* Earlier this week, Verizon faced off against the Federal Communications Commission in a net neutrality battle royal before the D.C. Circuit. Next time, make FiOS work before trying to get a do-over on the way the internet runs. [New York Times]
* “I see my job as an air traffic controller. And I see an unending line of airplanes.” Federal judges are buckling under the heavy weight of their caseloads, and from the sound of it, they’re not at all happy about the situation. [National Law Journal (sub. req.)]
* Which Biglaw firms strike the most fear into the hearts of their opponents when it comes to litigation? One firm got the boot from last year’s list, and we’ll have more on this later today. [Law360 (sub. req.)]
* Duane Morris is the first U.S. firm to open an office in Myanmar on some prime real estate. Be jealous of their associates as they bask in the splendor of its beautiful architecture. [Philadelphia Business Journal]
* A trio of Quinn Emanuel partners, including John Quinn himself, teamed up to open a high-class sushi joint in L.A. If he waits tables, he’ll definitely need someone to break a hundred. [Am Law Daily (sub. req.)]
* The Sixth Circuit affirmed the dismissal of a former student’s suit against Thomas M. Cooley Law School, and now he’ll have to live with shame for all eternity after being branded a cheater. [Law360 (sub. req.)]
* Strippers aren’t independent contractors, they’re employees entitled to minimum wage, says a judge. Taking off their clothes for only $7.25 an hour will do wonders for their self-esteem. [New York Daily News]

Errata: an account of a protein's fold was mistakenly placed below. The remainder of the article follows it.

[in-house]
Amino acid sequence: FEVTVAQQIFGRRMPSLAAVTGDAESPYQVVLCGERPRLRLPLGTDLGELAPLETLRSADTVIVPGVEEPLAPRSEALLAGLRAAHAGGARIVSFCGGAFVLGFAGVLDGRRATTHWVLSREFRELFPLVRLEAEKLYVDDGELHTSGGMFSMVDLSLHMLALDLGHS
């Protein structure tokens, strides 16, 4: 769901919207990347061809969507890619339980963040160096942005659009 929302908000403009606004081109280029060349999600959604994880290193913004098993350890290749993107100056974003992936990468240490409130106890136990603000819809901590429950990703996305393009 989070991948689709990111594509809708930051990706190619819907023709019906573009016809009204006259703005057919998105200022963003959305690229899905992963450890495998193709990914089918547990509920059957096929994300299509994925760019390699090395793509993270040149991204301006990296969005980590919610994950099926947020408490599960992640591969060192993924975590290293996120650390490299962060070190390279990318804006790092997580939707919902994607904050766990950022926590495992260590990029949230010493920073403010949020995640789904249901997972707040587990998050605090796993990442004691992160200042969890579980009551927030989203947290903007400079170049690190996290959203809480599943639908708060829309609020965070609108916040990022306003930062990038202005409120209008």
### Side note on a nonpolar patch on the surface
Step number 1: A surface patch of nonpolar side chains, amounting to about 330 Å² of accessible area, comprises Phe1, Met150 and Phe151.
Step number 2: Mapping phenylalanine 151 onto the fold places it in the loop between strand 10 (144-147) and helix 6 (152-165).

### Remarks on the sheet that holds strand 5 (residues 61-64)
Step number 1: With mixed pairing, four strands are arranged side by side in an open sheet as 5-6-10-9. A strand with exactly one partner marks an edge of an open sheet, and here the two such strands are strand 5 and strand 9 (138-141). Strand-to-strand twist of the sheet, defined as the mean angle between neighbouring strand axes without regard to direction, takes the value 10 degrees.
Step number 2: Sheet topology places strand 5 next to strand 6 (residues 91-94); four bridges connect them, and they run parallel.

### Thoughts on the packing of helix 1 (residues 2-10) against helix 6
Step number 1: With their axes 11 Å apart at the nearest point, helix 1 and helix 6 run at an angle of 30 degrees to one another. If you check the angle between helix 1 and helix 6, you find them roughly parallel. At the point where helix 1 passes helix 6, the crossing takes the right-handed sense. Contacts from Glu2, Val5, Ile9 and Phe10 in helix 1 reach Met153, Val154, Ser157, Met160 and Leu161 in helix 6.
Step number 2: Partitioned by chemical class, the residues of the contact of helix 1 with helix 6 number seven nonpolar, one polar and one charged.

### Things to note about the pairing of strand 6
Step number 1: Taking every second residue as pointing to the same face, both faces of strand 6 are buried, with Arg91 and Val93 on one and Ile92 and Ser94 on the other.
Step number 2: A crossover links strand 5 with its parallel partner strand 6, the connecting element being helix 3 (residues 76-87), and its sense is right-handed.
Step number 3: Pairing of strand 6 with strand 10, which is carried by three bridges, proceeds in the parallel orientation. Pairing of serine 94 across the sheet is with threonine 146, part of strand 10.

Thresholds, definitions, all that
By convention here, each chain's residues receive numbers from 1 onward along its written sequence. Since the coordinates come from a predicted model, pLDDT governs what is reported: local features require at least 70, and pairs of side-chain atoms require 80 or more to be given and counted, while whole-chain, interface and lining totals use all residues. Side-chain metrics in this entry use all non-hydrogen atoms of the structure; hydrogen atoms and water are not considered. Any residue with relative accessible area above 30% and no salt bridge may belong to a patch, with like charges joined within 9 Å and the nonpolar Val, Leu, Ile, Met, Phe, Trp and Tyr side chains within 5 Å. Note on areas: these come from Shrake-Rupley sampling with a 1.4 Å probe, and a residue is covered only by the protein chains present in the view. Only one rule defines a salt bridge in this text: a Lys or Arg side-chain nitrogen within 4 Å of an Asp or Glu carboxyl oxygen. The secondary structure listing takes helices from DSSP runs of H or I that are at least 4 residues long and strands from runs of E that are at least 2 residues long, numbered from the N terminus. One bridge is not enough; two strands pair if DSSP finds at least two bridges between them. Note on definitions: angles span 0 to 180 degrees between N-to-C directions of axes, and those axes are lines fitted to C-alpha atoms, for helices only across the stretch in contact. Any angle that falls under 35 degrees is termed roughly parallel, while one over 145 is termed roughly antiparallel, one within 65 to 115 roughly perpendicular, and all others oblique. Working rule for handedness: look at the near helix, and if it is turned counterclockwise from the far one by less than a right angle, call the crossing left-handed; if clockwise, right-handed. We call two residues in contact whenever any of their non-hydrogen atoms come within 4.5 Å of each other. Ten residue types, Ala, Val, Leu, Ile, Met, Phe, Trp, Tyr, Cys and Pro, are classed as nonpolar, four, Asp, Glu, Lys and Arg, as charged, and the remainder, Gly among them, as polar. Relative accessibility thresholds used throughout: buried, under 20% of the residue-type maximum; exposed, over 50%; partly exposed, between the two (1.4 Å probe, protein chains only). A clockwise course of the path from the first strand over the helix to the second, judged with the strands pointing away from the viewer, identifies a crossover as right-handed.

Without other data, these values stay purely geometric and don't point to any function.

* Lady Gaga is being taken to trial over the wage-and-hour lawsuit filed by her former personal assistant. We wonder if the pop star will be as foul-mouthed on the stand as she was in her deposition. [ABC News]
* For everyone at the midway point of a bar exam: Here… [Dinmoney]
* Naked selfies: Not just for Carlos Danger anymore. A female police officer uses her workday to post naked pictures of herself. [Legal Juice]
* Speaking of NYC politics and placing Weiners where they don’t belong, Professor Lawrence Cunningham argues that Eliot Spitzer would be a horrible Comptroller based on his record as New York Attorney General. Cunningham then lists every reason Eliot Spitzer was an awesome Attorney General. [Concurring Opinions]
* An appeals court has upheld the ruling that killed Mayor Bloomberg’s large sugary soda ban. Drink up, fatasses! It’s your right as an American. In the meantime, check out this argument over whether the decision contains a curious paradox [PrawfsBlawg]
* The Sixth Circuit affirmed an earlier decision dismissing a suit brought by Cooley grads. But they did not repeat the classic, “an ordinary prudent person would not have relied on [Cooley’s] statistics to decide to spend $100,000 or more.” [ABA Journal]
* After winning Survivor, Cochran has decided to turn his law degree into the most expensive TV screenwriting degree ever. He’ll be penning a sitcom this Fall. [St. Louis Today]